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. Last Updated: 07/27/2016

Hoard of Collector's Items, Lost and Found

KIROVOGRAD, Ukraine -- Few visitors were ever allowed into Alexander Ilyin's ramshackle house in this wheat-country town. When he died, people found out why.


Ilyin had been a familiar scruffy figure around here, an electrician for local cafeterias. With his long face and burning eyes, he resembled a scrawny vampire; in his ancient shoes and shabby coat, he could pass for a bum.


The eyes gave him away. He was a man with an illicit passion burning so strong that nothing -- not the KGB, not the criminal underworld, not the bonds of Soviet ideology -- could stand in its way.


After he died last fall at 73, local officials invaded Ilyin's home with an order to freeze his property until his rightful heirs could be determined. They had suspicions about what they would find; everyone in town knew Ilyin was a collector.


But they had never imagined the magnitude of the treasure he left, a monument to the peculiar ingenuity of a true collector who could overcome anything -- even the repression of a communist police state that frowned on private property -- to amass his hoard.


Ilyin had done the seemingly impossible. He had accumulated an entire museum -- tens of thousands of rare books along with gold- and silver-framed icons, paintings and antiques -- under the Soviet regime. His cache included 16th-century books believed to be published by the Russian Gutenberg -- Ivan Fyodorov -- and tome after leather-bound tome of valuable manuscripts.


The Soviet Union had no equivalent of Sotheby's auction house, but some of Ilyin's methods of procurement can be guessed.


He bought valuables at bargain-basement prices from fallen noble families and needy pensioners, victims of revolution, war and poverty. He swapped with less knowledgeable colleagues. According to many, he also corrupted library and museum officials to obtain choice objets, and may have had dealings with criminals.


Kirovograd residents shake their heads in bewildered wonder at the size of his collection.


"He was a collector of the highest order," said librarian Alexander Chudnov, an Ilyin prot?g? who is helping to catalog the hoard. "People often compare the love of books to the love of women -- he knew value and to some extent it was love that turned into lust, into a 'This is mine!'"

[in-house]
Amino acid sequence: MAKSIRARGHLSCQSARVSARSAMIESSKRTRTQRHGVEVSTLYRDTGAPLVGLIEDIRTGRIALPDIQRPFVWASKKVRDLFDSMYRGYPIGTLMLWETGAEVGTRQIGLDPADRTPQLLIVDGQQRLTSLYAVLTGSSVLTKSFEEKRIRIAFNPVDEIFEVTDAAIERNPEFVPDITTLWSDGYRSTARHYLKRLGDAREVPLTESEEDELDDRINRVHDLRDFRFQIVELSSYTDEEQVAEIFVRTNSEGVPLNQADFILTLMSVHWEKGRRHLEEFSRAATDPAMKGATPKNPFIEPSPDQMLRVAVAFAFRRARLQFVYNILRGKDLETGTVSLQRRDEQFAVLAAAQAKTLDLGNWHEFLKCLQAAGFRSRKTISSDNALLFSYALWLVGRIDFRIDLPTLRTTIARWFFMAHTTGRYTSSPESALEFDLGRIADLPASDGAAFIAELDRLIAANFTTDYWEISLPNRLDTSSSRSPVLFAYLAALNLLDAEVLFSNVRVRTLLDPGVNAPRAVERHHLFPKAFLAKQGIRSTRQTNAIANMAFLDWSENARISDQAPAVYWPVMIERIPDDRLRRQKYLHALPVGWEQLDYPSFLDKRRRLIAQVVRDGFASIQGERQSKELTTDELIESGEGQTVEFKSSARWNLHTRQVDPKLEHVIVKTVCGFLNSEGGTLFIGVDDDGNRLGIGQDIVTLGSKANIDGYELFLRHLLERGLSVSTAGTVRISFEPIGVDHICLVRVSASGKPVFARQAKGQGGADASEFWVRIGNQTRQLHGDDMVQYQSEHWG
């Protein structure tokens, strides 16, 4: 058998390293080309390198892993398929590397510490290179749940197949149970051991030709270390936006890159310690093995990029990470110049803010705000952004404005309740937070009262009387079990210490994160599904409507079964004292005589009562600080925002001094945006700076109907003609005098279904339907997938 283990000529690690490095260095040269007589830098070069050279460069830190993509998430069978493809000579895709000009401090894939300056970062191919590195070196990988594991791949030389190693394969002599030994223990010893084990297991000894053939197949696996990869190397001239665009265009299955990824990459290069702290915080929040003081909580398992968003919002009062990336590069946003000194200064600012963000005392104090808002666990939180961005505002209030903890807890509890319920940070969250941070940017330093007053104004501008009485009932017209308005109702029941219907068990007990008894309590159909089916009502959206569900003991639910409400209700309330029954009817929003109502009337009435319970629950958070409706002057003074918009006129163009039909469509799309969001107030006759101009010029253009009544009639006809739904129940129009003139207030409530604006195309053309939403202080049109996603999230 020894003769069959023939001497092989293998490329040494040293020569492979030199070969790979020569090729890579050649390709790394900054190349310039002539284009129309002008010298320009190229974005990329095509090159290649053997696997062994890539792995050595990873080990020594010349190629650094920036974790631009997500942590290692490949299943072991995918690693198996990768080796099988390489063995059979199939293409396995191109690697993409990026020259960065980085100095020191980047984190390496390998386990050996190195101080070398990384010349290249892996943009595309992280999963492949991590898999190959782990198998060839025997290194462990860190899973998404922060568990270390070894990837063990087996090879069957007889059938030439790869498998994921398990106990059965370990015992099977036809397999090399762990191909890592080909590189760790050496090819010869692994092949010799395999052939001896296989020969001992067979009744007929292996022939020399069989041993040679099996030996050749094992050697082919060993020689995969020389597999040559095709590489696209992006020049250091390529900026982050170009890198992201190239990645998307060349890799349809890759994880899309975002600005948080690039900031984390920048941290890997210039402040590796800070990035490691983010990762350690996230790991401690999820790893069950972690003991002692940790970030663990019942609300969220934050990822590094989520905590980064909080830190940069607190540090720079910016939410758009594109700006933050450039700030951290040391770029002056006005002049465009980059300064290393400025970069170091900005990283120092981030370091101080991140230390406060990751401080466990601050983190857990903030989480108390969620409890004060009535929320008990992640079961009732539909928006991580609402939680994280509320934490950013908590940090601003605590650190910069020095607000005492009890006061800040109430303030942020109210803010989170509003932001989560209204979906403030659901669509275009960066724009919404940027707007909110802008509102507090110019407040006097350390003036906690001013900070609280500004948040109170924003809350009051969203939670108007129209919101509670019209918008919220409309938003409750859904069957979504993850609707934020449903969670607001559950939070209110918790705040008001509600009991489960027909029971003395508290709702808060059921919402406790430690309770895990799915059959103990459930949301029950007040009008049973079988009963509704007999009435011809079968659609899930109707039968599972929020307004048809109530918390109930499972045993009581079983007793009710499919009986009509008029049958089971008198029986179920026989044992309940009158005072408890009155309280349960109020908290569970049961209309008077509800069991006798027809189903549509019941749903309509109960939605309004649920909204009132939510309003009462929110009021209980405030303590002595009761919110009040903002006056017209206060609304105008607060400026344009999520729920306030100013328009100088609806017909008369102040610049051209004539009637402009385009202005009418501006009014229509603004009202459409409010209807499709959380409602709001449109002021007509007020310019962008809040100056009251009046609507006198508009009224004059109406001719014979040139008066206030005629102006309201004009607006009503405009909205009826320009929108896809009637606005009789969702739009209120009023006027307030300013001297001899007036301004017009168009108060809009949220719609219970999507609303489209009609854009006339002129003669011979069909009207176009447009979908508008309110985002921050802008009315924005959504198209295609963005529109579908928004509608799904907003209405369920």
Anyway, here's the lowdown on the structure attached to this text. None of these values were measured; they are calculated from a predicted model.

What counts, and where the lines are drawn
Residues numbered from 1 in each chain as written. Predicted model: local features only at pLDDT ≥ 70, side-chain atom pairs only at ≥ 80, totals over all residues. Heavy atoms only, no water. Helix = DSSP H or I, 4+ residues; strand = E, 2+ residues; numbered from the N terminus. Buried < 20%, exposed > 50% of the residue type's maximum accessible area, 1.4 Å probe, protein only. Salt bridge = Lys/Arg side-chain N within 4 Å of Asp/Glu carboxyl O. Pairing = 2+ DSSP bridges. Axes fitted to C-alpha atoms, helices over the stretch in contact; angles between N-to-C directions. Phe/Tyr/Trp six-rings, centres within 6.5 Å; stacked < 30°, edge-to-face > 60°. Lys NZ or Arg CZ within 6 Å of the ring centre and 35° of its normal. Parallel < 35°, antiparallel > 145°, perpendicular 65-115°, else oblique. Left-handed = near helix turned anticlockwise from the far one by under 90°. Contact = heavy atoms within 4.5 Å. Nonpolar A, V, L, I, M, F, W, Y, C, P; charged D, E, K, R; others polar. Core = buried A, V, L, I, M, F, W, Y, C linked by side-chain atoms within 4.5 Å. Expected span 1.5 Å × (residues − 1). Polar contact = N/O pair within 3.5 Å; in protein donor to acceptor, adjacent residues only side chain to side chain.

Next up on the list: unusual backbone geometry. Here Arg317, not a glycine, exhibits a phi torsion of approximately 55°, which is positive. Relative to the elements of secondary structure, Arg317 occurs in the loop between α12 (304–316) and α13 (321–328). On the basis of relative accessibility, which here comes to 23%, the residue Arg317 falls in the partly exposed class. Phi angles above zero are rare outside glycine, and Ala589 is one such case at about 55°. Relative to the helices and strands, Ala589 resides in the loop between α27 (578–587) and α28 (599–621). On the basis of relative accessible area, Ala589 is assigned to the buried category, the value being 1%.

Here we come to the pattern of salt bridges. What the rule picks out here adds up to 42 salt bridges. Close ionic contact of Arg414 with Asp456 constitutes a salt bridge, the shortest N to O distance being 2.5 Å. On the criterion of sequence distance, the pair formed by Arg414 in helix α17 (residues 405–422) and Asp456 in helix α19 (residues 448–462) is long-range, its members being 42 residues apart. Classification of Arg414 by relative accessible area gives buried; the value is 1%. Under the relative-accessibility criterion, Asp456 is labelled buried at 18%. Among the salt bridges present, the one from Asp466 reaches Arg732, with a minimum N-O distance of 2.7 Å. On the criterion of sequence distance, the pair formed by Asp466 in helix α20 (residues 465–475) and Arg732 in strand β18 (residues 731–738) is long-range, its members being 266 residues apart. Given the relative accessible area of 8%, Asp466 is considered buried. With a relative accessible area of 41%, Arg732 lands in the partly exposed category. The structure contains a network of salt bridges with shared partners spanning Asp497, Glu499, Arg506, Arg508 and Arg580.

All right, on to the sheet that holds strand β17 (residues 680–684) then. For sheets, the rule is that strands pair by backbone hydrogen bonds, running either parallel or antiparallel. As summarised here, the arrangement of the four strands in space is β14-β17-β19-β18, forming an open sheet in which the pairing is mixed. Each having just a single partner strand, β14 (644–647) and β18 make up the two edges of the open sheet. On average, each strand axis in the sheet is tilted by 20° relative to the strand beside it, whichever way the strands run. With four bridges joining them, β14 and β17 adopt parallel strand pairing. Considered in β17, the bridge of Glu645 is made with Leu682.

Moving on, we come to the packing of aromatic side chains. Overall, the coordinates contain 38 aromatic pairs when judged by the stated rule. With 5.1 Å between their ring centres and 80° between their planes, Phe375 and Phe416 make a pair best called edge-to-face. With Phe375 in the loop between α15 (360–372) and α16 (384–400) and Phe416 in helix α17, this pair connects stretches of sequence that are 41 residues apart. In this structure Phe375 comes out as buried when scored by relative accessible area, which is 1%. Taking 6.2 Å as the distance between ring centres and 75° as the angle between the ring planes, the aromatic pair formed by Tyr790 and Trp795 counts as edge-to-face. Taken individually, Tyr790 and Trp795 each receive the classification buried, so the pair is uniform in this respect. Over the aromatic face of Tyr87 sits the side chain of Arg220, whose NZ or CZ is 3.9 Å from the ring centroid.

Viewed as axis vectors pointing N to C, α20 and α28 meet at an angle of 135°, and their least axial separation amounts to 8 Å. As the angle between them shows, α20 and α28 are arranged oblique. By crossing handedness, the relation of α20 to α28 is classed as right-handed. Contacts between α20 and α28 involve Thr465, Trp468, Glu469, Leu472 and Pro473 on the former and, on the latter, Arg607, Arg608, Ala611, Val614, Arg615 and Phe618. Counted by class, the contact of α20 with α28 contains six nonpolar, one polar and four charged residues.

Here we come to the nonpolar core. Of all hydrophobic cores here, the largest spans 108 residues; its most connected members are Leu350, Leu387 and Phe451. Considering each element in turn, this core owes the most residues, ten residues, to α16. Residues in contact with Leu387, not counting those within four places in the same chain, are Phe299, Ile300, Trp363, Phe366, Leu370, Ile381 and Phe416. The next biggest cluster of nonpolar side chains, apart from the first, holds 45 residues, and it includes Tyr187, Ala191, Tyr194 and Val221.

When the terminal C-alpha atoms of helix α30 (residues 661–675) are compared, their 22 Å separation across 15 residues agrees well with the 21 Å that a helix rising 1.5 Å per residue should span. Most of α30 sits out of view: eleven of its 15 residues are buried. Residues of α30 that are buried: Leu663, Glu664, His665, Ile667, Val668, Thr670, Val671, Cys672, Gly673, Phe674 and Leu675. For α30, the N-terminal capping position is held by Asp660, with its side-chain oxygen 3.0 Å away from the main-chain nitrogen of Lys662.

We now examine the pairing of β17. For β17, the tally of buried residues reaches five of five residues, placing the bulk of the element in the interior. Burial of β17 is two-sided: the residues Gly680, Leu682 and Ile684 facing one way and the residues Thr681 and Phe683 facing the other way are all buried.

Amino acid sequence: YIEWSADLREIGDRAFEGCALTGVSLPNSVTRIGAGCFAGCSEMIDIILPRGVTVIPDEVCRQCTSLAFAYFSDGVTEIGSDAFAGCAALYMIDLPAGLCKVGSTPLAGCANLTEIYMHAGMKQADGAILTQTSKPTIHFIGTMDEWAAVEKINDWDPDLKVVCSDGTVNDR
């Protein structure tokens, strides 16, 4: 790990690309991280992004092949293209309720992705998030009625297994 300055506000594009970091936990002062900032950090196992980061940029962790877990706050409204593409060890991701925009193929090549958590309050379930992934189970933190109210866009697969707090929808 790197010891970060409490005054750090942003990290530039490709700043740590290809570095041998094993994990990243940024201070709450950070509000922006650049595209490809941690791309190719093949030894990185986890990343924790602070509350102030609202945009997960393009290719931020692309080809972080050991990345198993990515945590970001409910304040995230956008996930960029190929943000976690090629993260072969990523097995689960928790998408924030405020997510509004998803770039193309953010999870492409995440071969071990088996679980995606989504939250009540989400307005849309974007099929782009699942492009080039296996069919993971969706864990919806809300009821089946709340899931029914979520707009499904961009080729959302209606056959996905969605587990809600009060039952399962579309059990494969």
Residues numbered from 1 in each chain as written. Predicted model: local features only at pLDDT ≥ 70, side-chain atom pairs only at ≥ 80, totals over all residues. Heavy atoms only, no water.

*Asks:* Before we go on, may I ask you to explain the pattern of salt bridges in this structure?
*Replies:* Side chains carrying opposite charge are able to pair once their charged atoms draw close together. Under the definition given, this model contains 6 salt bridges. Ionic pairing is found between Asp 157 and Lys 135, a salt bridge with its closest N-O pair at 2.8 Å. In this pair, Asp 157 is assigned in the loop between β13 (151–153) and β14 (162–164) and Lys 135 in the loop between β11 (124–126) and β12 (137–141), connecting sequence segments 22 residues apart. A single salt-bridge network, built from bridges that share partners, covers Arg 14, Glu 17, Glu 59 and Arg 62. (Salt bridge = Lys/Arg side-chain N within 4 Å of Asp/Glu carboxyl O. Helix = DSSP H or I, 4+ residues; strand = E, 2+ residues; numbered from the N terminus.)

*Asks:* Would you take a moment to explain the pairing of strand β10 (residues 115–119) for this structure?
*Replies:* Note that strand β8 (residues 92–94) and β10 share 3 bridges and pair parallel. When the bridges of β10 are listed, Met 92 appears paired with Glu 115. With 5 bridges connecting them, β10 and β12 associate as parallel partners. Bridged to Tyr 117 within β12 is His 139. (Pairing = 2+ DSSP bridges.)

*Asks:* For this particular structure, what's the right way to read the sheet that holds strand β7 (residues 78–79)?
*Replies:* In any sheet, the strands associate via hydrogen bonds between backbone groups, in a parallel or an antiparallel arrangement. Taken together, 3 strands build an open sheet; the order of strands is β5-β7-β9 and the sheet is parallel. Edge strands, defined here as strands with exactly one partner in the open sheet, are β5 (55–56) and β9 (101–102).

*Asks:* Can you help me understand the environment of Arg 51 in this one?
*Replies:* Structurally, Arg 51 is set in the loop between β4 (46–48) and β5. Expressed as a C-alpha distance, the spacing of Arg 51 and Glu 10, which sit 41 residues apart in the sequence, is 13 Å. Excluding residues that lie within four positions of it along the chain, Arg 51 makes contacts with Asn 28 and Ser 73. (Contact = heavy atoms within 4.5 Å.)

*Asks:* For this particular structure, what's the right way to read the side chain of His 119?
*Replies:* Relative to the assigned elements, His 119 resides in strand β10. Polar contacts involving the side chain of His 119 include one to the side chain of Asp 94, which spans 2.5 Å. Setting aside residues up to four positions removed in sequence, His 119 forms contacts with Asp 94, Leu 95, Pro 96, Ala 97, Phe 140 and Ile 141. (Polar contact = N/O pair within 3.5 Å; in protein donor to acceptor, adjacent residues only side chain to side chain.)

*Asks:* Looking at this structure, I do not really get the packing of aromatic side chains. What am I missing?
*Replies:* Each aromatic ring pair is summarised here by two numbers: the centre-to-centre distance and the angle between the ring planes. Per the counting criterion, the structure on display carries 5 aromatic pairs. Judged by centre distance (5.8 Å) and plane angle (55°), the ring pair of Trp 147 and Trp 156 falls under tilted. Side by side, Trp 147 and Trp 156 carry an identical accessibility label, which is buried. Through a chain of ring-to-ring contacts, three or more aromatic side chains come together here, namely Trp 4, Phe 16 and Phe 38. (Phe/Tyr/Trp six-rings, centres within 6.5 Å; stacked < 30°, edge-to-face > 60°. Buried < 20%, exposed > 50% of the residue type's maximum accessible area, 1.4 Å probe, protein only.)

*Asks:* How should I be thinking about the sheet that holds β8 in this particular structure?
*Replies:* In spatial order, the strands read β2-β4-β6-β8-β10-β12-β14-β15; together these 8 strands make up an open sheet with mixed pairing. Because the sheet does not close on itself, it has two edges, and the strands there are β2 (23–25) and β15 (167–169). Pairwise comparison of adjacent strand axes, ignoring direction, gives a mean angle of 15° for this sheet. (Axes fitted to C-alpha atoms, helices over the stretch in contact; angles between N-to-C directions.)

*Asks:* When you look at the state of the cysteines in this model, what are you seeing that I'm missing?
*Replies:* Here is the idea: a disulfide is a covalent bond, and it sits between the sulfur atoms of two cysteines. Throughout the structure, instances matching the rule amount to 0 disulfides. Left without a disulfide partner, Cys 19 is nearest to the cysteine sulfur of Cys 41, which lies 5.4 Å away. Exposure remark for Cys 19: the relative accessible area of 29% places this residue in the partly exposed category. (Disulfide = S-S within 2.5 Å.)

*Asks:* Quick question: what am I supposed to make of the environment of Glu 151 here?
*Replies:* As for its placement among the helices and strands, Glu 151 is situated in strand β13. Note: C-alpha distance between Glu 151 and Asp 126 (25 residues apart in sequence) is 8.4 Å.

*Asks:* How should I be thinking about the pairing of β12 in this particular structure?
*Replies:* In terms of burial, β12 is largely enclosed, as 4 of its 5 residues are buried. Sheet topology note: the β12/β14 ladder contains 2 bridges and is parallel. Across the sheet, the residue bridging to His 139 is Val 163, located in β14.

Ilyin's home and an annex on the lot had no plumbing or central heating, like most houses in the Ukrainian countryside. But officials found both to be stuffed with the density of a moving van. Ancient books teetered in floor-to-ceiling piles, some rotting in the damp and nibbled by mice.


Ilyin's niece, Irina Podtyolkova, and her husband lived with the collector and objected furiously to the state intervention. But this was bigger than both of them.


"It was like coming into a cave," said Oksana Nelga, a librarian who helped pack up and list the Ilyin collection."First the fear, then the surprise of finding silver wrapped in rags."


The treasures of the Ilyin household created a sensation. The local press, quoting an overly enthusiastic official, claimed that the books and other valuables were worth $40 billion, more than the Ukrainian state budget for the last several years.


Their actual value is uncertain. Rare Russian book collections sold for millions of rubles back when that would have been millions of dollars, said Alexandra Guseva of the rare books section of Moscow's Lenin Library. But Harry Leich, Russian specialist at the U.S. Library of Congress, said there seems to be little market for them now.


Nonetheless, "I would not underestimate the cultural value of it," Leich said, noting that the discovery of an extensive private Russian collection is "a major event culturally and historically. Because of the vicissitudes of history, there aren't many of them around."


Ilyin's collection, which local museum director Pavel Bosiy valued at several million dollars, is not all catalogued yet, and the authenticity of some of the rarest books must be checked.


But officials at the Kirovograd museum, which serves the province's population of 1.5 million, figure that Ilyin's collection outstrips theirs.


Ilyin loved the baroque and rococo styles of pre-revolutionary Russia. His collection included magnificent books such as "The Byzantine Enamels" and "The Great Princes and Tsars Hunting in Russia," coffee-table-size editions printed at 200 or so copies with illustrations.


The Communists hated the tsars. Ilyin bought their portraits, one of them apparently done by the renowned painter Dmitry Levitsky, who died in the early 19th century.


Ilyin had taste, but there was an unsavory side to his collecting.


Some of Ilyin's books have library stamps in them, catalogers said. And how are they to explain Ilyin's possession of the very Bible that the Empress Yelizaveta bestowed upon their city back when it was called Yelizavetgrad


During World War II, Ilyin may or may not have taken advantage of his country's chaos. What he definitely exploited was the communist ideal of equality that left everyone equally poor.


"Back when pensions were 12 rubles a month" -- then about $20 -- "an old lady would let you take an icon with silver and enamel and jewels for 30 rubles. People needed every penny," said Ivan Anastasiev, a fellow collector in Kirovograd.


One of the main mysteries about Ilyin is that he lived as a poor man, eating for free in the cafeterias where he worked and wearing the uniforms provided on the job.